An antiparasitic drug used to treat African sleeping sickness appears to offer protection against nonmelanoma skin cancers for years after the drug is taken, researchers say.
A study unveiled at a cancer prevention conference this week in Boston investigated the prolonged effect of the drug ?-difluoromethylornithine (DFMO) on 209 people with a history of nonmelanoma skin cancers.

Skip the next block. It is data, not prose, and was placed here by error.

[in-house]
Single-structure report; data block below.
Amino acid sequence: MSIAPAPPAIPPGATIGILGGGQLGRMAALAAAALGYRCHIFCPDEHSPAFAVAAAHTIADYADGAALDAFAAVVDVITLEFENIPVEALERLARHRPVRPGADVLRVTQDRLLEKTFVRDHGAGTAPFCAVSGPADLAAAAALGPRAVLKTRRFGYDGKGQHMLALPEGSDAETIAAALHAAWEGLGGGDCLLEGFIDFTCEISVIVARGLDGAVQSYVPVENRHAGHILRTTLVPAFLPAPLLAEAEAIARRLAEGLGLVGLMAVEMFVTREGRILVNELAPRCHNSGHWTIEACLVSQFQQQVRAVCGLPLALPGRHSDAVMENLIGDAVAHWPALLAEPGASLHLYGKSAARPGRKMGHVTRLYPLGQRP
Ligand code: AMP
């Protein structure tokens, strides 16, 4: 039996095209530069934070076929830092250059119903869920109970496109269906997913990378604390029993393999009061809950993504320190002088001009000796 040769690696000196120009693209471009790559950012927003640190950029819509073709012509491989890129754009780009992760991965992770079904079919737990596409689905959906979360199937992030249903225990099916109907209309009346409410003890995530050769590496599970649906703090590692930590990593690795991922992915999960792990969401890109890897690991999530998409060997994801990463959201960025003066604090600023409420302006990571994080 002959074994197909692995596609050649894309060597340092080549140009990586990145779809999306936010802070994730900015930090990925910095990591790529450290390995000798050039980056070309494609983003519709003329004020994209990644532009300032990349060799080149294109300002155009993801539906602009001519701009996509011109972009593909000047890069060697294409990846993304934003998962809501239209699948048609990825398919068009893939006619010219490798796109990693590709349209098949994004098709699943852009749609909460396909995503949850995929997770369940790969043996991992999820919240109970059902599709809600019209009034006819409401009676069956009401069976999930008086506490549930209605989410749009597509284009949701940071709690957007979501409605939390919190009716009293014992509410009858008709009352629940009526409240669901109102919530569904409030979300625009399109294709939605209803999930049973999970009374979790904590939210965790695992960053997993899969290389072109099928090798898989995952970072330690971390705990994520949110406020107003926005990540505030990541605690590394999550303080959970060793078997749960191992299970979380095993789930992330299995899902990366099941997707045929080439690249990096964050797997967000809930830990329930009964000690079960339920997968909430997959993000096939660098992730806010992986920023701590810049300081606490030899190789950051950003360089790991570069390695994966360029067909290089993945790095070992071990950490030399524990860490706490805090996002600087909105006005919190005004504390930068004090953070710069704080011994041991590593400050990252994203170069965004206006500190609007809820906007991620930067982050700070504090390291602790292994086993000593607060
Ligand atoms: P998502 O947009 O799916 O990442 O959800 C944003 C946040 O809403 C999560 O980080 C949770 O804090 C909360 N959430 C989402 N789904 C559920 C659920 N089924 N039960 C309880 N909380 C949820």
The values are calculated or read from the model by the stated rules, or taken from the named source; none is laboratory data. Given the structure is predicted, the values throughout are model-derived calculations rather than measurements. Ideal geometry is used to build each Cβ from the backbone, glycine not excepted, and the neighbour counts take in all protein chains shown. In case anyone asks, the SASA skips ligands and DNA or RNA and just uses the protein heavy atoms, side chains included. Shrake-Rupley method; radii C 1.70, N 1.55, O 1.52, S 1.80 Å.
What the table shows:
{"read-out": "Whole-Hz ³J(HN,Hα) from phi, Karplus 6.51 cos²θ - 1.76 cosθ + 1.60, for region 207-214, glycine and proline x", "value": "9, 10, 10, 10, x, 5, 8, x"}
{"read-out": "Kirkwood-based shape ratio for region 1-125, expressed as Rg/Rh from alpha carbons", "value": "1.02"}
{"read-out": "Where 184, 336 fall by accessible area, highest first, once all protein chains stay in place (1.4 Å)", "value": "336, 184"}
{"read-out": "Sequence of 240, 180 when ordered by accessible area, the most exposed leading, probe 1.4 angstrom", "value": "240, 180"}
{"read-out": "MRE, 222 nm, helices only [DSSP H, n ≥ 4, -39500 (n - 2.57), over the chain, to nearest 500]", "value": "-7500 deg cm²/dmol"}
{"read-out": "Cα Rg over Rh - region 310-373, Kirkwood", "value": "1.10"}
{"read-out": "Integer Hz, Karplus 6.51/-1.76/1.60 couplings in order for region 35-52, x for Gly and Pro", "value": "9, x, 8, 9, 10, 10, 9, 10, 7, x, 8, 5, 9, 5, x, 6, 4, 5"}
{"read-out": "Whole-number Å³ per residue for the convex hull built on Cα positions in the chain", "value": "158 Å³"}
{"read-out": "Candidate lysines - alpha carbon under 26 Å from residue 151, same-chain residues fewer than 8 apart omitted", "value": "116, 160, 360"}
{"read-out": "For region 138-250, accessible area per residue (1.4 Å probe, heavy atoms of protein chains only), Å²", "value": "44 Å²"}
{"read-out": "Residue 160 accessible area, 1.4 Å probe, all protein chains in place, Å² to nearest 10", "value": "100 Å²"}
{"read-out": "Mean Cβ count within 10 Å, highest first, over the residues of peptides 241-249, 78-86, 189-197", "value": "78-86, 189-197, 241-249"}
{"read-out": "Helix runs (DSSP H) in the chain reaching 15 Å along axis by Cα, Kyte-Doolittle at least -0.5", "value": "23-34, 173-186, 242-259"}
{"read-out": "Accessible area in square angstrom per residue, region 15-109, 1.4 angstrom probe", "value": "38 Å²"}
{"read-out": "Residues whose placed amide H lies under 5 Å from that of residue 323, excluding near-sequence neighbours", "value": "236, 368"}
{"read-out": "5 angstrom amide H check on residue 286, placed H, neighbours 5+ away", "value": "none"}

Researchers found that the protective effect of the sleeping sickness medication against skin cancer continued for years, according to Dr. Howard H. Bailey of the University of Wisconsin School of Medicine and Public Health
More studies are needed, researchers caution, but the advance is a welcome one.
"The incidence [of nonmelanoma skin cancer] continues to rise despite public health efforts to get people to lessen their sun exposure," Dr. Bailey said, noting that there are more than 2 million cases of nonmelanoma skin cancer diagnosed each year in the U.S.